THE RMT London Region held its first political day school last Thursday. About 70 people took part in debates and discussions on issues from the war to our links with Labour. Tony Benn and Lindsey German from the Stop the War Coalition kicked the day off with a history of the labour movement.
There was one key message: the fight to organise against capital has been going on for centuries. As Benn said, 'If we don't know where we've been, we don't know where we are and we don't know where we're going.' After this, we discussed the war, imperialism and globalisation. The key part was a 'question time' session with John McDonnell MP, Bob Crow and Tommy Sheridan MSP. Interestingly, one invited MP, Oona King, who backed the war, didn't turn up.
The mix was great, too. Old hands mixed with people who had never attended a political event before. People who hadn't been interested in politics were galvanised by what they heard. Several Fire Brigades Union (FBU) London region members attended. It's obvious that the RMT and FBU share many interests, and that we need to get together to coordinate them.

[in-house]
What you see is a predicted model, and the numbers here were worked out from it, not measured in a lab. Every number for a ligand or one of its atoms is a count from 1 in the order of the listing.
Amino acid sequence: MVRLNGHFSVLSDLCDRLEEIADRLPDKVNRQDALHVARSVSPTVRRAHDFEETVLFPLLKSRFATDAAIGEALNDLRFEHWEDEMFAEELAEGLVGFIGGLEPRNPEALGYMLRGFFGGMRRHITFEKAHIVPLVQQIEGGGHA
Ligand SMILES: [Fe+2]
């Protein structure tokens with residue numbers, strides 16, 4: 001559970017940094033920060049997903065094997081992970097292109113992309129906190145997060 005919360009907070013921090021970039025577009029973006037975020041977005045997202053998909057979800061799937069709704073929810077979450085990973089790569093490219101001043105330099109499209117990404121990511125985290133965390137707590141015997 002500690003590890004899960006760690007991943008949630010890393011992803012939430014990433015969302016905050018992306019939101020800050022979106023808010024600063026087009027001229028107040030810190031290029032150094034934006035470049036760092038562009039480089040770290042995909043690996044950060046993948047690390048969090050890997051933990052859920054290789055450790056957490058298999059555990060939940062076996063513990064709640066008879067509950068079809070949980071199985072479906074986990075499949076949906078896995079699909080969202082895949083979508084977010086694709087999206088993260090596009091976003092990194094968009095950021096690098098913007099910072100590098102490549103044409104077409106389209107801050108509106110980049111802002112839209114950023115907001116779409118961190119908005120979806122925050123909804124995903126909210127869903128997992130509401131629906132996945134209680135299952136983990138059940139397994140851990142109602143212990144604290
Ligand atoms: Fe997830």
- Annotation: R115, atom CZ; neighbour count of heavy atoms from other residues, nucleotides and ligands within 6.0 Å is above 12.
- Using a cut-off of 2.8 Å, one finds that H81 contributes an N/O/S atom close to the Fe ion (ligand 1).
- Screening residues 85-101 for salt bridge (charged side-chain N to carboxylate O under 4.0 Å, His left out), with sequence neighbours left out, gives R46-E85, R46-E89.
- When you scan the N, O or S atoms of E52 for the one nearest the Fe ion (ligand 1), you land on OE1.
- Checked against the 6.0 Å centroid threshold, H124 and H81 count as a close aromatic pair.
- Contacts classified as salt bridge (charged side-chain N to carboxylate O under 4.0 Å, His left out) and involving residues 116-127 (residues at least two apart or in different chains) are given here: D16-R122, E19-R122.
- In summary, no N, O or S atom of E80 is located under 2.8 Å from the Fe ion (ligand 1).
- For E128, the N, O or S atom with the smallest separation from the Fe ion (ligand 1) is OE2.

The RMT has always led the way in union politics, from the formation of the Labour Party to the democratisation of the political fund debate. This school was another step in showing workers how the war on Iraq and the war on workers are two strands of the same system.
The fact that the school was organised, and the depth of questions and contributions, demonstrated the politicisation in workplaces. As one participant said, 'We're here because of the anti-war movement.' But it's clear that we need more days like this, and that other unions need to follow suit.
Trade unions have played a role in the anti-war and anti-capitalist movements, but it could be far stronger. And we need to be looking at how we can use our industrial strength to fight over both economic and political issues.